U.S. 115, 126 (1989).
13 Renton v. Playtime Theatres, Inc., 475 U.S. 41, 48, 50 (1986) (emphasis in original).
that would not be the purpose of the requirement, and the requirement could be
justified without reference to the content of the speech it would regulate. Its purpose
would arguably be to facilitate parents’ or librarians’ use of filters when children
access the Internet. It would accomplish this by dividing websites into two categories
— those with sexually explicit material and those without it. This could be viewed
as analogous to requiring “adult” movie theaters to locate in areas that are zoned for
them. In City of Renton v. Playtime Theaters, Inc., the Supreme Court upheld such
zoning on the theory that it “is not aimed at the content of the films shown at ‘adult
motion picture theaters,’ but rather at the secondary effects of such theaters on the
surrounding community.”14 “The ordinance by its terms is designed to prevent crime,
protect the city’s retail trade, maintain property values, and generally ‘protec[t] and
preserv[e] the quality of [the city’s] neighborhoods, commercial districts, and the
quality of urban life,’ not to suppress the expression of unpopular views.”15
Analogously, one might argue, to restrict sexually explicit material to a separate
domain name arguably would “zone” certain websites not because of the content of
their speech but to lessen the “secondary effect” of minors’ viewing those websites
without parental approval. In effect, the proposal, like a zoning ordinance, would
seek to isolate certain material into particular “neighborhoods” in cyberspace, and
assist parents in preventing their children from visiting those “neighborhoods.”
A possibly fatal flaw with this analogy, however, is that, in Renton, the
secondary effects that the zoning ordinance sought to prevent — crime, lowered
property values, and a deterioration in the quality of urban life — were not effects of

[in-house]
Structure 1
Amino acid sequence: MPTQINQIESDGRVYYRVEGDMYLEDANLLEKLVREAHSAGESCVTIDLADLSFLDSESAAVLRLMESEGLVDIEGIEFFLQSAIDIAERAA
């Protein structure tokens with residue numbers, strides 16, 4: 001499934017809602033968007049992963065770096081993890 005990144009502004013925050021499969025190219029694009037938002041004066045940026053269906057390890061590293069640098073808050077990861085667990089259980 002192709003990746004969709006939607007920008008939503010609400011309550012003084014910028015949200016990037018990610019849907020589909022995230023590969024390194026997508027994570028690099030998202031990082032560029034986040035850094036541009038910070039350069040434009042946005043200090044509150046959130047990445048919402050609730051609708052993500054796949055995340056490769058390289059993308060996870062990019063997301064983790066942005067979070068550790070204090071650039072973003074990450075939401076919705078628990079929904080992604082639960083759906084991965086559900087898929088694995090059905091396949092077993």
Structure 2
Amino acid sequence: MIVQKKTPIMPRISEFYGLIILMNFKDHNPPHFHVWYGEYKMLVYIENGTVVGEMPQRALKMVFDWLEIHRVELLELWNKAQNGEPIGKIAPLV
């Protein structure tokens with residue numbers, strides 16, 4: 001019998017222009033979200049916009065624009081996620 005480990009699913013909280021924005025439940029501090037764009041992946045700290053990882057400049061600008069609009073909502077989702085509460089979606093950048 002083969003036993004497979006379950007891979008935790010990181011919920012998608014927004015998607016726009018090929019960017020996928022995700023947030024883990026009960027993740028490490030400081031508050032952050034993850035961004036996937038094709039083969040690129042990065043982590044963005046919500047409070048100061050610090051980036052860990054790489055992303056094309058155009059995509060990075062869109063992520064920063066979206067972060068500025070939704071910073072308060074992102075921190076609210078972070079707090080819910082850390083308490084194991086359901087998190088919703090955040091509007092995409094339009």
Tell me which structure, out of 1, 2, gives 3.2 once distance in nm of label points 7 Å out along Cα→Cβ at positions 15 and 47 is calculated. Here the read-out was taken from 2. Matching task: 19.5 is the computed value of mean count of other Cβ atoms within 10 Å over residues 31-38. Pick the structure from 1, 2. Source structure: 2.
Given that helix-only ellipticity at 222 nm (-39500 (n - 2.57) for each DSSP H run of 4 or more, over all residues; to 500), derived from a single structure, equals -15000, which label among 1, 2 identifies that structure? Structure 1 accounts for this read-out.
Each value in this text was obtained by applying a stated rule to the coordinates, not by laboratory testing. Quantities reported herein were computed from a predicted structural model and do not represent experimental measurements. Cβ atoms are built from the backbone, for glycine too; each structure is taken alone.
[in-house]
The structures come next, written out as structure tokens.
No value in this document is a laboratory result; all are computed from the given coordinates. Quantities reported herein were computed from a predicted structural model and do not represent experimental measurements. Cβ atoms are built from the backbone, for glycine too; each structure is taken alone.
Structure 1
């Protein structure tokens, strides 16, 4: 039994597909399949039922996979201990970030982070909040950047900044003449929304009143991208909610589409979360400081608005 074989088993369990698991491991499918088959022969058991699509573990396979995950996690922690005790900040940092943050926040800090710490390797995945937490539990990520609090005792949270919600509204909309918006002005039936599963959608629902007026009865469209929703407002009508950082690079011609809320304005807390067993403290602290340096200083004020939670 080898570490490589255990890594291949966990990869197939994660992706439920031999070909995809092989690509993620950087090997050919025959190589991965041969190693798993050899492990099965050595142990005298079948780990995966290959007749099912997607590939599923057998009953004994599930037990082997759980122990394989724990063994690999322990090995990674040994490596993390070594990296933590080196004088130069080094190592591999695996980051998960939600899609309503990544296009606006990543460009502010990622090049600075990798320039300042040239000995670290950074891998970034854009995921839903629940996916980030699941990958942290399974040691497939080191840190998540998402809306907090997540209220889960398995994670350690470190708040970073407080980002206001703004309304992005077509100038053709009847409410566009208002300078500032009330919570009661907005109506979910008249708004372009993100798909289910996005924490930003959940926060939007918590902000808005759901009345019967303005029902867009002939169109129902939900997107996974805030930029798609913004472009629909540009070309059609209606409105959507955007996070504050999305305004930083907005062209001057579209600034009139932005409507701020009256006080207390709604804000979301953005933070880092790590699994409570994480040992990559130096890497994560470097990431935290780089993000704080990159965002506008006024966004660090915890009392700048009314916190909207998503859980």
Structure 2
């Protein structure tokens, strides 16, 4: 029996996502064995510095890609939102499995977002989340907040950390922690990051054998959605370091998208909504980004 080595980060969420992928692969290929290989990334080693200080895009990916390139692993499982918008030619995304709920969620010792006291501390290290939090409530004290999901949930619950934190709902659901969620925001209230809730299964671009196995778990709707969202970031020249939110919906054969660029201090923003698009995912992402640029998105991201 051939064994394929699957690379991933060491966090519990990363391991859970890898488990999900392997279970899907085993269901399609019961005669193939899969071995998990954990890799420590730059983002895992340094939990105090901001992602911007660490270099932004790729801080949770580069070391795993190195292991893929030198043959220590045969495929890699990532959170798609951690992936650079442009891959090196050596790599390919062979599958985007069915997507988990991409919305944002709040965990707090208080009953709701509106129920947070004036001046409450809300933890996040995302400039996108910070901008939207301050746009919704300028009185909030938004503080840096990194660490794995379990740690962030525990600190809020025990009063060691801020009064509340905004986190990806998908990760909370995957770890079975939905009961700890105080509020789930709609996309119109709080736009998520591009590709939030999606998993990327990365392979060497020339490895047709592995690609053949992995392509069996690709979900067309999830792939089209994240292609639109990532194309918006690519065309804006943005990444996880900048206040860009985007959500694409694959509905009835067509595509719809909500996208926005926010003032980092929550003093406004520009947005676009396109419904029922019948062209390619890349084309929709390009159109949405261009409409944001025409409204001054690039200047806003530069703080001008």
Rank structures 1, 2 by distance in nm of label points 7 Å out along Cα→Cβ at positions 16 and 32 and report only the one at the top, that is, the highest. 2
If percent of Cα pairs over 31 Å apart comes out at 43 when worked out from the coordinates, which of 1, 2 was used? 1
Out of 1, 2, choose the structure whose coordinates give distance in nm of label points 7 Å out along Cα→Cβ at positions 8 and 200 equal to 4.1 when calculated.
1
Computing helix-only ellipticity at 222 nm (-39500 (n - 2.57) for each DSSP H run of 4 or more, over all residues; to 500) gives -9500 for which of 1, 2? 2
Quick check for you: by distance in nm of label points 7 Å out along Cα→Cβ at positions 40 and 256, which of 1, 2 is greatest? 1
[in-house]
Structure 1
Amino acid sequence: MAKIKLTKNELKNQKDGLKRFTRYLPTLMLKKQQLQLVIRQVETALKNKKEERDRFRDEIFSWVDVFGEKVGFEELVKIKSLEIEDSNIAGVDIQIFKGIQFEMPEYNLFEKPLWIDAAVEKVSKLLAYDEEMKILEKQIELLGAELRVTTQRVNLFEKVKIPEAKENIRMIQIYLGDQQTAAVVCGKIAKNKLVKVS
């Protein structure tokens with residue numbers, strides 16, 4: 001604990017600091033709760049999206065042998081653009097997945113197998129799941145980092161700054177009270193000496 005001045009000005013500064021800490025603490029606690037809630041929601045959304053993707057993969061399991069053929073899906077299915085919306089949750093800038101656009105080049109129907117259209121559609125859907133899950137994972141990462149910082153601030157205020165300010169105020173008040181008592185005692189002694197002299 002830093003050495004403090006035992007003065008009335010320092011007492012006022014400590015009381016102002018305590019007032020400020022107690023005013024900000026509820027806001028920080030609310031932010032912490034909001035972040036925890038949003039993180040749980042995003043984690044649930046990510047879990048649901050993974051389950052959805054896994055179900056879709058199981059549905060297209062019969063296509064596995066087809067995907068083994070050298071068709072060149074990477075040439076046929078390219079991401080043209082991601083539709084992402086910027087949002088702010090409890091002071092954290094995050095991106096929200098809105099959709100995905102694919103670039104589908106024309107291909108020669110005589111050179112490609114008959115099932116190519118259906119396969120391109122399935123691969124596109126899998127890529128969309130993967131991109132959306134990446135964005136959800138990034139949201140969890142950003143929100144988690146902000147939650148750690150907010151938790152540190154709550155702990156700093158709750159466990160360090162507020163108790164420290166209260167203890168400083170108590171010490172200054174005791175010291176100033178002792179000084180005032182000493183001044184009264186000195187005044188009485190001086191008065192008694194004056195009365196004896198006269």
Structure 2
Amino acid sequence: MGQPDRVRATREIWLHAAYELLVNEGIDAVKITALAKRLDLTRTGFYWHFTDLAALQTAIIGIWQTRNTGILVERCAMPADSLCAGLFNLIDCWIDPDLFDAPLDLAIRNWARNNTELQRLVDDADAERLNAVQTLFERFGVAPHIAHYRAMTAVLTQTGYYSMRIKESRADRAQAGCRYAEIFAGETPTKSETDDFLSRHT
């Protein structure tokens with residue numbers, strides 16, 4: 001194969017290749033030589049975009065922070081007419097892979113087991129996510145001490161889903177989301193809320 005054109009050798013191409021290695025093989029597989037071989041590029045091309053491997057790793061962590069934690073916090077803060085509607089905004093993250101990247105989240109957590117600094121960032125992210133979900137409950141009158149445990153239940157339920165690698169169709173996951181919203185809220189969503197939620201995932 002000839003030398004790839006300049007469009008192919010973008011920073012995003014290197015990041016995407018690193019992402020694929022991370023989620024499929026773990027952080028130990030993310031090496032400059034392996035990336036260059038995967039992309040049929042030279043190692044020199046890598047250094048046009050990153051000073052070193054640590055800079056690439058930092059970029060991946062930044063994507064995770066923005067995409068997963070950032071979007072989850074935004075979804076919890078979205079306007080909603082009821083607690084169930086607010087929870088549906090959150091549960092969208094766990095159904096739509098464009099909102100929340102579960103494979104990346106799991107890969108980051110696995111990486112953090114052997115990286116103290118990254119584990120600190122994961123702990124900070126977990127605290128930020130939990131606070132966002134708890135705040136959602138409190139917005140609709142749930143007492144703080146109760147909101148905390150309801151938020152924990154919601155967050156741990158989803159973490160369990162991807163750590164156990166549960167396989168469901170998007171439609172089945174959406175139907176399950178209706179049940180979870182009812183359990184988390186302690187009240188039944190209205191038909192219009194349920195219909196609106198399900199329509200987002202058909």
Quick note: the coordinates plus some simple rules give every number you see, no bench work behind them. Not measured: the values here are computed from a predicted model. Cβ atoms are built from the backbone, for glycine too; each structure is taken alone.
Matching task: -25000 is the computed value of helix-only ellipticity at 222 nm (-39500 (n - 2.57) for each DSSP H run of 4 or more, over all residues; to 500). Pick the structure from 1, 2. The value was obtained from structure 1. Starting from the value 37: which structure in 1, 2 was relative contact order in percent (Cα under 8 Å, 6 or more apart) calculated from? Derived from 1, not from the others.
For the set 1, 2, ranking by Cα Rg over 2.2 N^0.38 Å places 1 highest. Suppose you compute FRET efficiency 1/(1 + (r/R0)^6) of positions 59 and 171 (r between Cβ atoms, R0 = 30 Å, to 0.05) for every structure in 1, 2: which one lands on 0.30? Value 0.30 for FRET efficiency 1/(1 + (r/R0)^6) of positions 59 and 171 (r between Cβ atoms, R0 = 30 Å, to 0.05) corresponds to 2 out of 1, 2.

viewing the regulated speech itself. The “.xxx” proposal, by contrast, would
apparently attempt to protect minors from the effects of viewing the regulated speech
itself, and these effects therefore are arguably not “secondary” in the sense that the
Supreme Court meant in Renton. The “.xxx” proposal, from this view, would impose
a burden on speech because Congress deems it harmful, and that is not a sufficient
basis on which the government may regulate speech in a manner that affects adults,
unless the regulation satisfies strict scrutiny.16 In Ashcroft v. Free Speech Coalition,
for example, the Supreme Court struck down a federal statute that banned “virtual”
child pornography and other child pornography produced without the use of an actual
minor, despite various harms that the government claimed that viewing such
pornography could cause, such as “whet[ting] the appetites of pedophiles and
14 Id. at 47 (emphasis in original).
15 Id. at 48.
16 If sexually explicit speech is regulated in a manner that affects only minors, then it is more
likely to be constitutional. In Ginsberg v. New York, 390 U.S. 629, 634 (1968), for example,
the Supreme Court upheld a state statute that prohibited the sale to minors of what the Court
called “‘girlie’ picture magazines.” When, however, the government has restricted adults’
access to speech, even with the purpose of protecting minors, the Court has held that “the
Government may not ‘reduc[e] the adult population . . . to . . . only what is fit for children.’”
See, e.g., Reno v. American Civil Liberties Union, 521 U.S. 844, 875 (1997), in which the
Court struck down the part of the Communications Decency Act of 1996 that prohibited
“indecent” material on the Internet.
encourag[ing] them to engage in illegal conduct.”17 The Supreme Court has stated:
“We have made clear that the lesser scrutiny afforded regulations targeting the
secondary effects of crime or declining property values has no application to content-
based regulations targeting the primary effects of protected speech. The statute now
before us burdens speech because of its content; it must receive strict scrutiny.”18
Thus, a court might view the “.xxx” proposal either as a content-based
regulation, which is constitutional only if it satisfies strict scrutiny by advancing a
compelling governmental interest by the least restrictive means; or as a content-
neutral regulation, which is constitutional if it advances a substantial governmental
interest and allows for reasonable alternative avenues of communication. We will
apply these two tests to the “.xxx” proposal, in the sections below titled “Strict
scrutiny” and “Content-neutral scrutiny.” First, however, we will explain why the
“.xxx” proposal would even raise a free speech issue, in light of the fact that it would
not censor speech.
Compelled speech. The “.xxx” proposal could be viewed as, in effect,